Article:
Finally, if you aren’t in a huge Betty Crocker mood, but need a low fat alternative, then pick up a jar of Sunsweet’s Lighter Bake™.  Though not quite as economical as homemade, it is a made-for-baking jar of apple and prune puree, directions and all.

For even more butter alternatives and dairy-free recipes, order a copy of my book, Go Dairy Free: The Guide and Cookbook for Milk Allergies, Lactose Intolerance, and Casein-Free Living.

Article by Alisa Fleming, founder of Go Dairy Free the book is available to purchase from Amazon and other major booksellers. Need Go Dairy Free now? Order the E-Book for immediate delivery or download it to your Kindle.

About Author

Alisa is the founder of, Food Editor for Allergic Living magazine, and author of the best-selling dairy-free book, Go Dairy Free: The Guide and Cookbook for Milk Allergies, Lactose Intolerance, and Casein-Free Living, and the new cookbook, Eat Dairy Free: Your Essential Cookbook for Everyday Meals, Snacks, and Sweets. Alisa is also a professional recipe creator and product ambassador for the natural food industry.


  1. Very useful post for all the people who actually somewhere want to use dairy free products for baking and cooking.

    My suggestion would be to go with margarine because it has less saturated fat than butter and helps to reduce blood cholesterol. It is good for baking cookies. I would also recommend to check the nutrition facts related to margarine before purchasing it. Please remember to choose non-hydrogenated margarine.

  2. Rhonda Mansoor on

    This has been very helpful! I was searching to find if veg shortening was dairy free and came across this site. My son is allergic to milk, egg, cheese, butter (all diary products) along with all nuts, seeds, peas and beans and cinnamon! It’s been a struggle for him since the diary products was added this year and he’s had to cut out all the things he liked to eat.

    Do you know any cheese or butter substitute that I can use to put on bread for him?? I live in the caribbean so availability of products is a problem but I can try and bring in whatever he needs.


  3. Christa Moses on

    Hi there! I just found out recently that my son has food allergies…a lot of them! My dilemma is that he is also allergic to sunflowers and the oil that is in every kind of butter substitute I have found on the market. So when I am making sauces from scratch and have to use butter and flour as a base we are using lard, but this leaves the meal tasting greasy insead of buttery… how do I fix this so my beef stroganoff tastes like it smells and not like a bland boring dish? Can I use a fruit puree instead or would that just make it too sweet? Any insite would be helpful.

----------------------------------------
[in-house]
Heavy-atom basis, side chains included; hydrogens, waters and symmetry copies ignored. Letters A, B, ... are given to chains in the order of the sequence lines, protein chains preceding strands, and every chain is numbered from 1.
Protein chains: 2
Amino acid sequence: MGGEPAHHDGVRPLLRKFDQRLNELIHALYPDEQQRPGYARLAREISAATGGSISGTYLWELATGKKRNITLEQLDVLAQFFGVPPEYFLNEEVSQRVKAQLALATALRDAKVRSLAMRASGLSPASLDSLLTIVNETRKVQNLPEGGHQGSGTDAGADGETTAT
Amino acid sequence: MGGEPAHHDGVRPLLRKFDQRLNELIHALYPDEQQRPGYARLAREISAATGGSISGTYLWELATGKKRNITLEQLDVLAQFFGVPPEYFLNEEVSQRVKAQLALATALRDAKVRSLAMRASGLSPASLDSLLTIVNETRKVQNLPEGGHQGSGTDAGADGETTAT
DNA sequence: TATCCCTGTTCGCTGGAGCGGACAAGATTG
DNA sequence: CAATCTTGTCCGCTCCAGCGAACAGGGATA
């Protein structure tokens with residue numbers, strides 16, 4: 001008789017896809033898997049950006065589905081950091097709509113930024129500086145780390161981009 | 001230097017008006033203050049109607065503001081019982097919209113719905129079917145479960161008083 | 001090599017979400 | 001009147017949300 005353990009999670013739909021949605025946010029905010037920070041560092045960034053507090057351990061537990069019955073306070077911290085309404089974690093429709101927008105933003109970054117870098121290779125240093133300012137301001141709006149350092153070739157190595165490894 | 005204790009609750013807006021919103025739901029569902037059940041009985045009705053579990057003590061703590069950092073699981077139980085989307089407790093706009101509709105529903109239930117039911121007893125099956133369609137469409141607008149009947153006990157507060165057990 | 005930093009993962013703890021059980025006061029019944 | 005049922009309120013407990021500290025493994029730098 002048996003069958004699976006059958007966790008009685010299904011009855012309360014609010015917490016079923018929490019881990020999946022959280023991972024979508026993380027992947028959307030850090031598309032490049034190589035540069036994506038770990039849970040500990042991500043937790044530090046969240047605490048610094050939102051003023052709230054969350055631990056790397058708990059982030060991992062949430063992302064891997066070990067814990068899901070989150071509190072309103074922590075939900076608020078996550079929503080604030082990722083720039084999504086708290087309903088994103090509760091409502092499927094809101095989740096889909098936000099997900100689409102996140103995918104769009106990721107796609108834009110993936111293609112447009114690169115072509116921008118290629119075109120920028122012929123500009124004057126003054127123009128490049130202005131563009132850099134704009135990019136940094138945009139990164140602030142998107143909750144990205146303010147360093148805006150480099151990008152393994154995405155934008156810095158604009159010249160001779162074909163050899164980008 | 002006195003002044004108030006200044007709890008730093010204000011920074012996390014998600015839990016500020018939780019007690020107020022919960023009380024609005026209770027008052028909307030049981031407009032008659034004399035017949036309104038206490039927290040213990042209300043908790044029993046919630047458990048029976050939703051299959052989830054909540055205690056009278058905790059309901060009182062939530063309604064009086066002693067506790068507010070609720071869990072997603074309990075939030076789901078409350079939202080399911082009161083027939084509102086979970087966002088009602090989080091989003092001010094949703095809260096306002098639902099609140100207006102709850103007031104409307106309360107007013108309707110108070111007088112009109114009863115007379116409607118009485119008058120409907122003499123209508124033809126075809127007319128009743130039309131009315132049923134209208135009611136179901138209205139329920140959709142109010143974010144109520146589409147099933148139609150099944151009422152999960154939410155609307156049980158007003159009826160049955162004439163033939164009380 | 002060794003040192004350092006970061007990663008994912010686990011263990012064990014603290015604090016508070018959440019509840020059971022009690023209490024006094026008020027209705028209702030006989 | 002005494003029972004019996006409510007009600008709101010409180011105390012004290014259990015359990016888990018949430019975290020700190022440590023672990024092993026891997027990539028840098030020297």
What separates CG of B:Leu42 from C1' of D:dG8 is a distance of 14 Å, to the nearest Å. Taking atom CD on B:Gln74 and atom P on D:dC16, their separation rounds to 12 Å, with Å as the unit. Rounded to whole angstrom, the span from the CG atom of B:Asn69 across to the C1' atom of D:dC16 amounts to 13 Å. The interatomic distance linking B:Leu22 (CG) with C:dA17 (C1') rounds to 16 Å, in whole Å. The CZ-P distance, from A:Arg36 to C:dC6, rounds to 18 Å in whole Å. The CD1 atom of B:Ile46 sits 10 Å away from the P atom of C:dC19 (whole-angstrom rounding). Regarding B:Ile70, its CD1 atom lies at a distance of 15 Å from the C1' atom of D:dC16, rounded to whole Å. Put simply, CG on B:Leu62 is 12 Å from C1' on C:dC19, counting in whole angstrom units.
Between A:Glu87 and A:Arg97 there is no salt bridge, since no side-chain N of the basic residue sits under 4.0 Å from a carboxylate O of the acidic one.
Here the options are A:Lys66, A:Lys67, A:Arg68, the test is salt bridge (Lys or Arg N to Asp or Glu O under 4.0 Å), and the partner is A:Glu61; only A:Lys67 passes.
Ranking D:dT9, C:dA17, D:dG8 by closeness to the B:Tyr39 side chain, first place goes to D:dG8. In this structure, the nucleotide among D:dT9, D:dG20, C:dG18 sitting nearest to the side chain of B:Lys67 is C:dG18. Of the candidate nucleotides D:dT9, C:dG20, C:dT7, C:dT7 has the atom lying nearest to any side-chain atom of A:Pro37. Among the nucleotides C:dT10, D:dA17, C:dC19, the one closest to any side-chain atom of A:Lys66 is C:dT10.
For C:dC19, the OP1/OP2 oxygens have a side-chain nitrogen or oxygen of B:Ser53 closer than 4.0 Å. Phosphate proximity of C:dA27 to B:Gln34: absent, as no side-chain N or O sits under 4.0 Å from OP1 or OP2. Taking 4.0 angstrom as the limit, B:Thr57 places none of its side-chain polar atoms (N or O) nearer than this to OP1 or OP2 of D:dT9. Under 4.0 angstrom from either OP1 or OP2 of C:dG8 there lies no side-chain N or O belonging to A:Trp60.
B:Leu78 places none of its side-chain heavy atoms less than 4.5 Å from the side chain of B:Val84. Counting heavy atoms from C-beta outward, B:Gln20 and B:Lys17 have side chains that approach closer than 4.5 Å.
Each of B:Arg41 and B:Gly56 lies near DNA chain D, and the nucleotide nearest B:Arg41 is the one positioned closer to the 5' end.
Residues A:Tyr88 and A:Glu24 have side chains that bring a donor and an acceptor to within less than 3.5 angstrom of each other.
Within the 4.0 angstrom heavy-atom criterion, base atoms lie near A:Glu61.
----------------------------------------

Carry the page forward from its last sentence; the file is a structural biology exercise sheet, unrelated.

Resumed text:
4. I had to start eating dairy free a year ago and it has been a challenge baking.

    I have tried the Earth Balance sticks as a substitute for baking and here’s my problem. It smells HORRIBLE when mixing it and worse when baking! The over all taste is not too bad but my family can definitely tell the difference. I looked at other margarines, willing to sacrifice a bit of healthy living for a good substitute for holiday baking but of the two I could find they both had milk in them.

    I can’t imagine how oil is going to make my holiday cookies taste. Any other suggestions?
    I have a great substitute for milk if anyone is interested.

    • Elizabeth, oil works amazing in cookies and is my go to. Everyone devours them, dairy-free or not. I think I cover it pretty well on my site, but you can also find oil-based cookie recipes in GDF the book. There are definitely some great oil-based cookie recipes here on the site! My preferred oils for cookies are coconut oil, grapeseed oil, or extra-light (not extra-virgin) olive oil.

  5. Finally! I am so happy to find a site with someone who is also allergic to milk. I didn’t know as a child that not everyone had itching around their mouth when they drank milk and that not everyone had a tingly sensation on their teeth from it. I thought that was how everyone felt when drinking milk. I broke out in hives and since I lived on a farm, I was tested and treated for all kinds of things but never for a milk allergy! I don’t know why except I guess there wasn’t much knowledge about it back then. So…I want to thank you for the information on your site. I find, thanks to a doctor’s knowledge, that I can have small amounts of hard cheese. The further from fresher milk the product is, the more likely the protein had been altered to where it will not affect me, or at least as much. I LOVE cheese so its been very hard to keep the amounts low…but then ya gotta do the same with chocolate, right?! Also, baked goods with low amounts of milk baked longer are usually okay for me. But I long for a scone…. The recipes use whole milk and heavy cream and lotsa butter! I luckily found your site looking for butter alternatives and I’ll use vanilla flavored soy milk and about 1Tbsp oil to replace the milk and cream. Hope it works out okay.